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Friedman on Leases (5th Edition)

Author(s): Patrick A. Randolph, , Milton R. Friedman
Practice Area: Commercial leases, Real estate, Real estate leasing, Real property
Published: Jun 2005
Supplement Date: Jul 2016 i Other versions can be found in the Related Items tab.
ISBN: 1402404093
PLI Item #: 660

“There is no comparable work on the subject.”
– The Business Lawyer

“Must reading and an important reference for all attorneys and every serious executive concerned with contracting for the use of space.”
– Real Estate Law Journal

“[Friedman on Leases is] practical, authoritative, and complete.”
– The Mortgage and Real Estate Executive Report

Friedman on Leases clarifies and analyzes the full range of lease provisions and conceivable landlord-tenant situations to give you unsurpassed practical instruction on how to negotiate and draft airtight agreements that protect your clients’ rights and minimize their liability exposure.

Friedman on Leases includes numerous case decisions with commentary and valuable sample lease clauses and agreements that help you to:

  • Draft, negotiate, and amend every essential document involved in commercial leasing
  • Modify lease provisions for the full variety of landlord-tenant arrangements
  • Anticipate and resolve problematic transaction developments
  • Avoid drafting errors, including omissions, ambiguities, and fatal terminology
  • Understand and deal with difficult issues specific to assignments, subletting, renewals, take-over leases, percentage leases, and other challenging aspects of commercial leasing
  • Proceed wisely in those leasing areas with divided judicial authority or divergent state statutes

Recognized for its balanced coverage of tenant and landlord concerns, Friedman on Leases explains how tenants can obtain a ceiling on their aggregate liability, ensure premises are usable for their purposes before signing a lease, and relax the strictness of the non-assignment clause; and clarifies how the retaliatory eviction doctrine prohibits landlords from evicting tenants for exercising certain legal rights.

Conversely, Friedman on Leases gives details on how landlords can limit their liability for constructive eviction, how a properly constructed survival clause can protect landlords’ interests, how a radius clause in percentage leases can protect landlords when percentage tenants attempt to go too far, how a breakdown clause protects landlords if services are interrupted during repairs, and much more.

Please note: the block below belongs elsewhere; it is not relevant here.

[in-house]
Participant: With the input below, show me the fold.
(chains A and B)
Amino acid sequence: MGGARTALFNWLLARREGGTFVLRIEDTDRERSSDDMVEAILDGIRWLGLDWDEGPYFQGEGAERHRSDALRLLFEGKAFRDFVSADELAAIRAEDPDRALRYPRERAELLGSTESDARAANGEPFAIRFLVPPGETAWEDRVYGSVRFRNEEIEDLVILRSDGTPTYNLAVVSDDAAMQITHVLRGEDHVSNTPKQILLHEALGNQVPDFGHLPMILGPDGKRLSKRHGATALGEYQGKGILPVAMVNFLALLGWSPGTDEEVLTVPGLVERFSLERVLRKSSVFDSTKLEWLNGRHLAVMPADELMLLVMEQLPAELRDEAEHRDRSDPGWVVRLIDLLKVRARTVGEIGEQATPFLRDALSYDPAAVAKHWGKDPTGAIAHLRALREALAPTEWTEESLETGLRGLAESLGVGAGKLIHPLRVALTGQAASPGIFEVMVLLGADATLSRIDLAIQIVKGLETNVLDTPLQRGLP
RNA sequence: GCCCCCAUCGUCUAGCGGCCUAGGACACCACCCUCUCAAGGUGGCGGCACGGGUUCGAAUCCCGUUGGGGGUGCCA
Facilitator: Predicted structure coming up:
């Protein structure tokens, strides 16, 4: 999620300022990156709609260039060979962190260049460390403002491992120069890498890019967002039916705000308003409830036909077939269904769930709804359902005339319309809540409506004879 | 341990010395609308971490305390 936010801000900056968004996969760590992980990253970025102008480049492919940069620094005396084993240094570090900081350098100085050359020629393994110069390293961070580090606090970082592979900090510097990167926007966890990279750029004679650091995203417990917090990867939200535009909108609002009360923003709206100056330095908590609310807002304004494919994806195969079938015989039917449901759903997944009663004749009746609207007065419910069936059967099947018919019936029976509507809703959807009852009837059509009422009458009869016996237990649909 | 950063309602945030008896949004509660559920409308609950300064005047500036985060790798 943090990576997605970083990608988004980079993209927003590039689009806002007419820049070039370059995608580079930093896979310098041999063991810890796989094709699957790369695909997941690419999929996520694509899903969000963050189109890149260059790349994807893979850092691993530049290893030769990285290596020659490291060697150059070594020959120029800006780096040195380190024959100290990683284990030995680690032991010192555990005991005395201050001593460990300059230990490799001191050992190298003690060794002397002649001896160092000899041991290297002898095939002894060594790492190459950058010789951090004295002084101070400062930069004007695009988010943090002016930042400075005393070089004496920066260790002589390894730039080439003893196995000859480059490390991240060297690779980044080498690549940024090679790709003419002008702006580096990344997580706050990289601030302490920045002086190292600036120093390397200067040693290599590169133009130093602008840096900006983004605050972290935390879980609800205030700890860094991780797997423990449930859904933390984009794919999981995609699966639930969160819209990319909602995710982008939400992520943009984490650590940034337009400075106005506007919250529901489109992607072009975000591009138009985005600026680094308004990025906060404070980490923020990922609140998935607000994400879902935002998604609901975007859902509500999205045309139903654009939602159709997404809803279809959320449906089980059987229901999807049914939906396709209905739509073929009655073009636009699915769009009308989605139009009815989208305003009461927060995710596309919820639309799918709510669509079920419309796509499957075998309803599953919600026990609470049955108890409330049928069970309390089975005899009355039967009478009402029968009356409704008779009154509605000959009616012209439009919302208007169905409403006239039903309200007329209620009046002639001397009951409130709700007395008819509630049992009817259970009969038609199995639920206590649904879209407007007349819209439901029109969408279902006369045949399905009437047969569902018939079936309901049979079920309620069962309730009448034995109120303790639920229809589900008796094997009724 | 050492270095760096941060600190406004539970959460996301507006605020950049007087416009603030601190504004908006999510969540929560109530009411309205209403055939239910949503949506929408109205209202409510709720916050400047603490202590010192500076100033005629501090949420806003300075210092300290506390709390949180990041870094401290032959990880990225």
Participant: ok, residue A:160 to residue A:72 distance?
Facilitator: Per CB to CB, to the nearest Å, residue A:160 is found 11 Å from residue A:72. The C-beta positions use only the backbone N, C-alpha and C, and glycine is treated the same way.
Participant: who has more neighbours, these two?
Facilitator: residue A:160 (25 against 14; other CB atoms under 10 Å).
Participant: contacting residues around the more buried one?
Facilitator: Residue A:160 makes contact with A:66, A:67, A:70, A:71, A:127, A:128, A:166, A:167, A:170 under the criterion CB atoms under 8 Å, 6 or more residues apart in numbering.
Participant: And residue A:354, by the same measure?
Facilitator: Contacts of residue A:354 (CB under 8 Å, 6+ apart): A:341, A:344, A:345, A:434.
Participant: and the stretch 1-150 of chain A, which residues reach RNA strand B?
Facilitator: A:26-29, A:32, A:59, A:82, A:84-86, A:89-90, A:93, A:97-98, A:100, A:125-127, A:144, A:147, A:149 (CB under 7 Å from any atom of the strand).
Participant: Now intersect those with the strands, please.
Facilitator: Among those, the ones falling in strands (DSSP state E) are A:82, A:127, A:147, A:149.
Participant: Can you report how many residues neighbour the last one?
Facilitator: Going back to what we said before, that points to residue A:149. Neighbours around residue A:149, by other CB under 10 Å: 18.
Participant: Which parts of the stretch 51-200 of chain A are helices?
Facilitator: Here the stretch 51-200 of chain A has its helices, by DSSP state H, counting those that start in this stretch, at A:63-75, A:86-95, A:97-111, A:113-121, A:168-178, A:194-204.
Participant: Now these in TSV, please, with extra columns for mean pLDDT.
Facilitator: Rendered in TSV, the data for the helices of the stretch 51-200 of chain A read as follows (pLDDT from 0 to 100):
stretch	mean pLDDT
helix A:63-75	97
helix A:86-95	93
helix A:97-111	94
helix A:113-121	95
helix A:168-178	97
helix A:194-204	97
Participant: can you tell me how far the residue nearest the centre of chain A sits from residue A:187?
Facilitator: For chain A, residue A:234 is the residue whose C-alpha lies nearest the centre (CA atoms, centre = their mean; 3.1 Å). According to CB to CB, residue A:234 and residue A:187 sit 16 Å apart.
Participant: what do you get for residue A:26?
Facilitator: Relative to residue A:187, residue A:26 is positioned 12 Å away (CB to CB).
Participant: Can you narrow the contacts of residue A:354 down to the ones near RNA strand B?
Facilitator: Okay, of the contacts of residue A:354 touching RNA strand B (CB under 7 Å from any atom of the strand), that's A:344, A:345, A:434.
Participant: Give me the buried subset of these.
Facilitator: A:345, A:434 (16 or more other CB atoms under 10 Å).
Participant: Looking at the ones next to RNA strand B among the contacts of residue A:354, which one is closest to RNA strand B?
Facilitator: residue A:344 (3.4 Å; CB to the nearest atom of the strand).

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Patrick A. Randolph, Jr. is the Elmer F. Pierson Professor of Law at the University of Missouri–Kansas City. Professor Randolph received his B.A. from Yale University in 1966 and his J.D. in 1969 from the University of California at Berkeley, where he was a Special Projects editor of the California Law Review. From 1969 to 1970 Professor Randolph served as law clerk to Chief Justice Kenneth J. O’Connell of the Oregon Supreme Court. He then became an associate in the firm of O’Melveny & Meyers of Los Angeles. Prior to joining the UMKC Law School faculty in 1980, Professor Randolph also served briefly as assistant attorney general in the state of Oregon and spent four years on the faculty at Willamette College of Law in Salem, Oregon. He has been a visiting professor at the J. Reuben Clark School of Law at Brigham Young University (where the students named him 1983 Law School Professor of the Year), at Loyola Law School in Los Angeles, Pepperdine Law School, University of Kansas Law School, Southwestern Law School, University of Iowa Law School, the University of Missouri–Columbia School of Law, and the St. Louis University School of Law. Professor Randolph teaches property and real estate finance and development courses. A specialist in real estate law, Professor Randolph has been chair of the Property Law Section of the American Association of Law Schools and has chaired the Missouri Bar Property Law Committee. He has served on the governing council of the ABA Section on Real Property, Probate and Trust Law. He is a member of the American College of Real Estate Attorneys, and the American College of Mortgage Attorneys. He was a reporter for the American Law Institute/American Bar Association project on Practice Skills Education in Real Estate Law. In spring 1994, Professor Randolph served as a visiting professor at the Peking University Department of Law in Beijing, China. He was also a guest lecturer at five other Chinese law schools. He has published, with Professor Lou Jianbo, a book-length treatment of Chinese real estate law. Last year, Realtor magazine, the publication of the National Association of Realtors, named Professor Randolph one of the twenty-five most influential people in American real estate.